Why voters should give Obama four more years
The Kansas City Star
Kansas City area households haven’t had to endure endless political ads from President Barack Obama or Republican challenger Mitt Romney, but that doesn’t mean people have surrendered the Show-Me State to either candidate.
Committed folks have been making calls and knocking on doors. Never mind that in 2008 Missouri veered from a long tradition of picking the winning presidential candidate. The state went to Republican John McCain.
That shift caused people to assume Missouri would go for Romney on Election Day. But Susan Montee isn’t so sure.
Montee, a Democrat seeking the lieutenant governor job, said in a July meeting with The Star’s editorial board that in the 2008 presidential election McCain won by only about 3,600 votes. Missouri had abolished straight ticket voting in 2006.
Many voters, unaware of the change, may have marked their ballots thinking they were voting a straight ticket, only to have the ballots rejected. If enough of the errant ballots favored Democrats, that could have swung the state to McCain.
Montee, who had been Missouri auditor, said the vote was not checked. But many suspect Missouri had again picked the winner — Obama.
Courts have tossed out voter ID laws in Missouri and some other states saying they disenfranchise older people, minorities and the poor. Many of those groups traditionally vote for Democrats. Missourians should pick Obama again. He offers the clearest plan on ending the war in Afghanistan in 2014, following his bringing U.S. troops home from Iraq.
Voters should give the president four more years to fix the economy, lower the jobless rate and set the nation on a new course for the future. That’ll entail getting youths and out-of-work Americans college-ready for jobs.
Obama wants to invest more in education. GOP cuts in funding for schools and Republicans’ plans to kill the U.S. Department of Education are hardly the way to go.
The country needs a solid kick in the slats like the Russians gave the U.S. in the 1950s by launching Sputnik, showing that the Soviets were ahead of the U.S. in science. That energized kindergarten-to-college education and got the country excited enough to get baby boomers to follow their GI-bill fathers on to college.
But boomers, being the self-centered generation, appear to have dropped the ball. Many of our offspring may not live as well as we have.
Obama hopes to push the nation to correct that downward trajectory.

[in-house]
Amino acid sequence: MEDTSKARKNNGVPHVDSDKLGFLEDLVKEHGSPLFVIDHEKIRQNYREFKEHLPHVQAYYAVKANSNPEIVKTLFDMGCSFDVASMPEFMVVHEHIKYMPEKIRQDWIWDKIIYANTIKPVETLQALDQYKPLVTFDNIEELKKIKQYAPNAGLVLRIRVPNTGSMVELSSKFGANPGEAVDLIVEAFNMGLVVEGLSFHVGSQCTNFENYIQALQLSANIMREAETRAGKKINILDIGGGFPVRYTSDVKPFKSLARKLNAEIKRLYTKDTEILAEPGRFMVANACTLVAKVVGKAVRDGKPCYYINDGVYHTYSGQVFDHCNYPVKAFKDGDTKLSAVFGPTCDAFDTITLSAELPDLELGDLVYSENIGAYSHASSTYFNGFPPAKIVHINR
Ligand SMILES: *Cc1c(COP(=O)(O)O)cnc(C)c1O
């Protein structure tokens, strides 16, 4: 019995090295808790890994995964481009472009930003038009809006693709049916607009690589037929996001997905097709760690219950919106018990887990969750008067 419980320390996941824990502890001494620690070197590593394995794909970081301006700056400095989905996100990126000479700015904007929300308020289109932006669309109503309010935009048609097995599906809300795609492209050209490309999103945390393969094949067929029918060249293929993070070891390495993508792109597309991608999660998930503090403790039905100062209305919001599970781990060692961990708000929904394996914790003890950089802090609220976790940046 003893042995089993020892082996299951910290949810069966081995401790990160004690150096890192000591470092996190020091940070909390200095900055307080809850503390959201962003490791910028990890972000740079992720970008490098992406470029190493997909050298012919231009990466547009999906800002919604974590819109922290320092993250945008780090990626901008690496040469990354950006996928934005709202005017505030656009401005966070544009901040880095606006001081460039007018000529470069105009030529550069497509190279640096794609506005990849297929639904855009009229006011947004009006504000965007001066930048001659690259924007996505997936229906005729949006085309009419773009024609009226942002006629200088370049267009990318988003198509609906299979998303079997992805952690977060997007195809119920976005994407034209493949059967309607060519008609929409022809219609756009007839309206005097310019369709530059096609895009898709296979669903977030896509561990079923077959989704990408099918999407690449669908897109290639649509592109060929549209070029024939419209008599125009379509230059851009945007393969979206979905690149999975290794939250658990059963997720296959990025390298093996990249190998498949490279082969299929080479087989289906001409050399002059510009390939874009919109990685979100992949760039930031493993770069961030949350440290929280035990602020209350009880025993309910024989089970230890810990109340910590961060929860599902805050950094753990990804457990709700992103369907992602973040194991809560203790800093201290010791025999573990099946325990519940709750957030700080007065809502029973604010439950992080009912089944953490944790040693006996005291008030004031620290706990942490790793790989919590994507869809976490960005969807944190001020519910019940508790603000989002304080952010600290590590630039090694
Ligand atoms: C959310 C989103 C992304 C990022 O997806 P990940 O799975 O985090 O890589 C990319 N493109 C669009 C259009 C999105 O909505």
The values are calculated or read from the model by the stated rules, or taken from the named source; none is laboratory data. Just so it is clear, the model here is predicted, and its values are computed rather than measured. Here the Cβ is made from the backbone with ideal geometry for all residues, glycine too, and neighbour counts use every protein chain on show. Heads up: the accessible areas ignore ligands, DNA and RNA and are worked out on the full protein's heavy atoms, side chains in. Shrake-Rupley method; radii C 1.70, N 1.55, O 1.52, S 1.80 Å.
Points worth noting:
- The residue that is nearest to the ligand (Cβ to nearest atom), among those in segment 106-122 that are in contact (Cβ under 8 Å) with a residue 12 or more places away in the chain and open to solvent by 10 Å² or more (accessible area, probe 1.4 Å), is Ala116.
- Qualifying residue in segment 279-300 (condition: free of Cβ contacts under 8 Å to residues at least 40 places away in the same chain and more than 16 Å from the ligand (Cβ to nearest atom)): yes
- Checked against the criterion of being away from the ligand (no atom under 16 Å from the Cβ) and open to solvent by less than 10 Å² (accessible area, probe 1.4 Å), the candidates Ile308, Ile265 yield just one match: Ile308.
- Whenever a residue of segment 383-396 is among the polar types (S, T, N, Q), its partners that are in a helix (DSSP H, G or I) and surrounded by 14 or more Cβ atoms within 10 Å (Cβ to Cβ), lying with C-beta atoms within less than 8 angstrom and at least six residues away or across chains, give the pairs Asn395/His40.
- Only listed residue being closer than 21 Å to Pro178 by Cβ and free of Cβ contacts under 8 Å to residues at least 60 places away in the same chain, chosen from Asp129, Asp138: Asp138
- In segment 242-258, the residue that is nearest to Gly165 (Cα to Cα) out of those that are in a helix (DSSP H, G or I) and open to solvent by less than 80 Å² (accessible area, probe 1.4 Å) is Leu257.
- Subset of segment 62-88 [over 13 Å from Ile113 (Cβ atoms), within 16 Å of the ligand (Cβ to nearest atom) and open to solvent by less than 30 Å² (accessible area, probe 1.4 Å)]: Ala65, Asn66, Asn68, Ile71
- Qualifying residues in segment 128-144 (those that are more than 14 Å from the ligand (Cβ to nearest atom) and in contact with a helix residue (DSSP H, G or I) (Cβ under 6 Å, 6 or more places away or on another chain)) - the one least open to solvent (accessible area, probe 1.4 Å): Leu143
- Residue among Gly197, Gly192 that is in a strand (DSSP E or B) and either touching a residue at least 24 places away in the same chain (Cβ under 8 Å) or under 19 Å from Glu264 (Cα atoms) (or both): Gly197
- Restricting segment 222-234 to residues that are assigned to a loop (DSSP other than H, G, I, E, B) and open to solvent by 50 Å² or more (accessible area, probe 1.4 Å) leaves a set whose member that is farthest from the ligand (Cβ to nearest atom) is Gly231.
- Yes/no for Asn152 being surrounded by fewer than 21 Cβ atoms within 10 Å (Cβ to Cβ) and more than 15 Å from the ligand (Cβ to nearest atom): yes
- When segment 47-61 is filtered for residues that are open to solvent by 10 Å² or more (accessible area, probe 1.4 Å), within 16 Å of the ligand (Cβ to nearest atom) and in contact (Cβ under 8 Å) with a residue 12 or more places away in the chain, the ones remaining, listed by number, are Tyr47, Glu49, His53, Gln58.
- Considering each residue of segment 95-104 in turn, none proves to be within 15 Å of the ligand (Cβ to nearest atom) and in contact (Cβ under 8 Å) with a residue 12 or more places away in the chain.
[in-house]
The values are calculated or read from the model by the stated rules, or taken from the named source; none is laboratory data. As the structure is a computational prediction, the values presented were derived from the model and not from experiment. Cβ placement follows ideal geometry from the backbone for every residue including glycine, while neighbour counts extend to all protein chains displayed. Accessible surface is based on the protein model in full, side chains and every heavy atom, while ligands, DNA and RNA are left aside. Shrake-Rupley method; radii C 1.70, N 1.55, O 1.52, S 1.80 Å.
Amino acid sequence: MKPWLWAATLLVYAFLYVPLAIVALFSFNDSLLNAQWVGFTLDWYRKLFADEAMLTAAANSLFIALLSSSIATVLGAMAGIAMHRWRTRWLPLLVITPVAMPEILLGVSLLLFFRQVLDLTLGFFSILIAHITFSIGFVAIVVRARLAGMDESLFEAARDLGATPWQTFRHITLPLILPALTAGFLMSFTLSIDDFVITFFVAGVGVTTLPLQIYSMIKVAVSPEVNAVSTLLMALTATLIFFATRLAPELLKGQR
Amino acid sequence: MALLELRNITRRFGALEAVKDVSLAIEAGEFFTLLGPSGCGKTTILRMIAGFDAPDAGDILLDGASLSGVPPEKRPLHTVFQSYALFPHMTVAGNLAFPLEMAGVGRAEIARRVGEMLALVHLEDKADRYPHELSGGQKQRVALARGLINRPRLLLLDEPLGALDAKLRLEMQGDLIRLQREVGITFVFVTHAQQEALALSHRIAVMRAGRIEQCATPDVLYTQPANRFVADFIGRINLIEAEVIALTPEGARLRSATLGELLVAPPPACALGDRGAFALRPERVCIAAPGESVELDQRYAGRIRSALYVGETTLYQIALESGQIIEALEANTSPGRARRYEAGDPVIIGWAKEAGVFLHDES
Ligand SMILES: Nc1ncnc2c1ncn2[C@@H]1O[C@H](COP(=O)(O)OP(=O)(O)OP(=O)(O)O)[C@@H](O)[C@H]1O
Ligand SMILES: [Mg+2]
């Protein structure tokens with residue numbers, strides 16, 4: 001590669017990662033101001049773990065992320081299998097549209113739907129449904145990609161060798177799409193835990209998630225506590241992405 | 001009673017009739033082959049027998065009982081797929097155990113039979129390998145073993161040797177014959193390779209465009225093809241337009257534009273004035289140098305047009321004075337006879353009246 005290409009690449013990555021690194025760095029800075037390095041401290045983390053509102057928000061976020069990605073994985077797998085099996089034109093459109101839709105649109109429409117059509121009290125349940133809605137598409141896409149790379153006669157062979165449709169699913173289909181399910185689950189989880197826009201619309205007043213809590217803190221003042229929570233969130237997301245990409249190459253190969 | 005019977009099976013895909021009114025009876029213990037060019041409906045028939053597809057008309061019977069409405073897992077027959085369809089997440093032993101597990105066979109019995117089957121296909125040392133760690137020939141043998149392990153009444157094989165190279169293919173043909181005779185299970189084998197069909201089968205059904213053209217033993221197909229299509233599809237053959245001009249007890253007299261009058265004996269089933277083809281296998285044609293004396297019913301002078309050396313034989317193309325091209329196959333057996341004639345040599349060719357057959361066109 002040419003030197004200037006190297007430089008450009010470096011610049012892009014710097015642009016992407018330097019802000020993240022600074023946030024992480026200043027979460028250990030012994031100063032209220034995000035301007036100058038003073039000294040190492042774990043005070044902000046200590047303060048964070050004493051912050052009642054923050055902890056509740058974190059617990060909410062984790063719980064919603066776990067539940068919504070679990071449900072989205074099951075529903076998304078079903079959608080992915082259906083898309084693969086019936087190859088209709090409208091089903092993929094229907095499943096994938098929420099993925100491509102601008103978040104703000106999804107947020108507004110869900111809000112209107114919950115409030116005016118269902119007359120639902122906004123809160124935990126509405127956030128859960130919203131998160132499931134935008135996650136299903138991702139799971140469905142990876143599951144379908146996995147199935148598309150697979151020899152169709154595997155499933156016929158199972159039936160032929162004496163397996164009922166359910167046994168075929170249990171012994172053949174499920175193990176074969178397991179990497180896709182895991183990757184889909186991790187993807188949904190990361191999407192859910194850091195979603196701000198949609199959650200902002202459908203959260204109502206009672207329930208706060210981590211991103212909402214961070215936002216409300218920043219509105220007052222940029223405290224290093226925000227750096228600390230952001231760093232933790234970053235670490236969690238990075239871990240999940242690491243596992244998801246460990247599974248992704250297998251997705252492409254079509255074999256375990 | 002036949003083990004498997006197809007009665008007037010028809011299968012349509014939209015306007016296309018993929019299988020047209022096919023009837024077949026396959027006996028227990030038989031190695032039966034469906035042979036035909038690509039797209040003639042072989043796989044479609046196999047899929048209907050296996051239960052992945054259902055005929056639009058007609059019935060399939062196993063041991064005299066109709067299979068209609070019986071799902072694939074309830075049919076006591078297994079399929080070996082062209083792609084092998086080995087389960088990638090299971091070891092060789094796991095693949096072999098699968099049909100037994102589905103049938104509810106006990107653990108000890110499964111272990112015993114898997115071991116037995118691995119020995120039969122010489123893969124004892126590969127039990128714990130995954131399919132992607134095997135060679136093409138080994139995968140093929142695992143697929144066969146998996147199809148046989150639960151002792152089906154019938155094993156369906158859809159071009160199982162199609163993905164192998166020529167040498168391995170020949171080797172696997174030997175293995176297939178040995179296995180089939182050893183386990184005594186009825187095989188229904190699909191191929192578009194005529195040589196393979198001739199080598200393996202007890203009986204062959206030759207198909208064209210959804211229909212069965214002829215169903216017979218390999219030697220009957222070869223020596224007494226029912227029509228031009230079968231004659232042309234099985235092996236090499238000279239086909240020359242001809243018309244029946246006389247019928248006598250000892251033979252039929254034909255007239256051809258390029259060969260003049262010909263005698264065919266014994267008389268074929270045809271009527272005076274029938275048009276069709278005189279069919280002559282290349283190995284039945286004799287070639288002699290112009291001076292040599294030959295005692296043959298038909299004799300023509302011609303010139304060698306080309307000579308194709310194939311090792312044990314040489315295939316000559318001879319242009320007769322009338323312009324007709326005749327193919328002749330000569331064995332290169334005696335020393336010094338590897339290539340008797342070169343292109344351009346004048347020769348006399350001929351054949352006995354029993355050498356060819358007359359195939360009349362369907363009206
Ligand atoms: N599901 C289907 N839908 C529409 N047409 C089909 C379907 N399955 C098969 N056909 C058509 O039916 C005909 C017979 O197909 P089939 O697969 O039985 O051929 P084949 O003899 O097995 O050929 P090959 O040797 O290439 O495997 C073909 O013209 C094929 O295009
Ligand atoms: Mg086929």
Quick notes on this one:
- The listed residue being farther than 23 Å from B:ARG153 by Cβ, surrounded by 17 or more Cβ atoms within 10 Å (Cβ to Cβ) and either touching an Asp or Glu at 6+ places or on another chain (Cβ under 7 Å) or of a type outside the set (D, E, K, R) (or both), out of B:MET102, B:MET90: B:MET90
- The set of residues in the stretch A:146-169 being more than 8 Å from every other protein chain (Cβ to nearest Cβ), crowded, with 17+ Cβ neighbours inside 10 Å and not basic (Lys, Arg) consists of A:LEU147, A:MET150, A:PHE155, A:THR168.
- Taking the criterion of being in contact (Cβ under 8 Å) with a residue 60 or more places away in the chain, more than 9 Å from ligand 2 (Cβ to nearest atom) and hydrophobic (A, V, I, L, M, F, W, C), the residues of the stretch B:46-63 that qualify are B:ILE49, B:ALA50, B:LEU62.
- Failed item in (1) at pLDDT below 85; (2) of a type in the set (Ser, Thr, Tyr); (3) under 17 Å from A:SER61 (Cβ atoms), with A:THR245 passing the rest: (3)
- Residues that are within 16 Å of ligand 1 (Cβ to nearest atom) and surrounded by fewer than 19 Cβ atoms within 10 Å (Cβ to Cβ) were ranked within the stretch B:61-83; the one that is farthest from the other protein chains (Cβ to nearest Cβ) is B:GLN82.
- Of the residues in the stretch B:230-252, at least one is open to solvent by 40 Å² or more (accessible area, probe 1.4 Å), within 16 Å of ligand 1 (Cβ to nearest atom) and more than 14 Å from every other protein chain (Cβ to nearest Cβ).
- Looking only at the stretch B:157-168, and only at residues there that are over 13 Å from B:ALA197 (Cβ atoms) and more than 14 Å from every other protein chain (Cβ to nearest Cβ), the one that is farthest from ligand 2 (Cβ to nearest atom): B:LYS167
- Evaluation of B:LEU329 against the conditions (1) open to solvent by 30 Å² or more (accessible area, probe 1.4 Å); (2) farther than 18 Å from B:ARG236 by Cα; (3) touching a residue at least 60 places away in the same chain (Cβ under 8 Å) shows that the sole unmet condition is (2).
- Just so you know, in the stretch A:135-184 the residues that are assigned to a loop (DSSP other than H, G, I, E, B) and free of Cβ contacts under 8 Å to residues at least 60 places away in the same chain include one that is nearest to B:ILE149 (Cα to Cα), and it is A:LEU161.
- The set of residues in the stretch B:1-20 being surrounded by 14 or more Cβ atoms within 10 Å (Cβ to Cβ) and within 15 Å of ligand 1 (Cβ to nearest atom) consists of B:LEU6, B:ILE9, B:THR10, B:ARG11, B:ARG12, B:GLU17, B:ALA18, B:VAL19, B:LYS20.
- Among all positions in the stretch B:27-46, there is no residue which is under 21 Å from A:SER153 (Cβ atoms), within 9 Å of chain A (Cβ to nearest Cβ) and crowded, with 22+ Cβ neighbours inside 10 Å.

Voters have to see the benefits of the Affordable Care Act. Having the best and most costly health care system in the world that 50 million people who live here have to do without is sinful.
Romney, cheered by his base, has said he plans to end what many derisively label Obamacare. That should be unacceptable to voters.
Baby boomers, who haven’t been the best at taking care of themselves, need Obamacare to keep from being dropped by insurance companies. Women also won’t have to pay more just because of their gender.
An additional 35 million more Americans by 2014 will be covered by health insurance than before. Thank Obamacare. Presidents going back to Teddy Roosevelt had tried and failed to achieve what Obama accomplished. Tearing up that progressive course for the country would be backward.
So would tax cuts and radical spending cuts as solutions to every economic problem. Going retro in this global economy would be ruinous.
The NAACP Crisis Magazine deservedly gives Obama high marks on civil rights enforcement, reducing sentencing disparities on crack vs. powder cocaine possession, boosting Pell Grants so low-income students can go to college and broadening federal authority over hate crimes.
“So without making a public flourish, Obama has run an administration that has done the unglamorous work of enforcing the nation’s civil rights laws, a thrust particularly important in the job market during this period of high unemployment,” Crisis said.
Voters must decide whether they want to be worse off or better off in the next four years. Obama offers plans to take the U.S. forward.
To reach Lewis W. Diuguid call 816-234-4723 or send email to Ldiuguid@kcstar.com.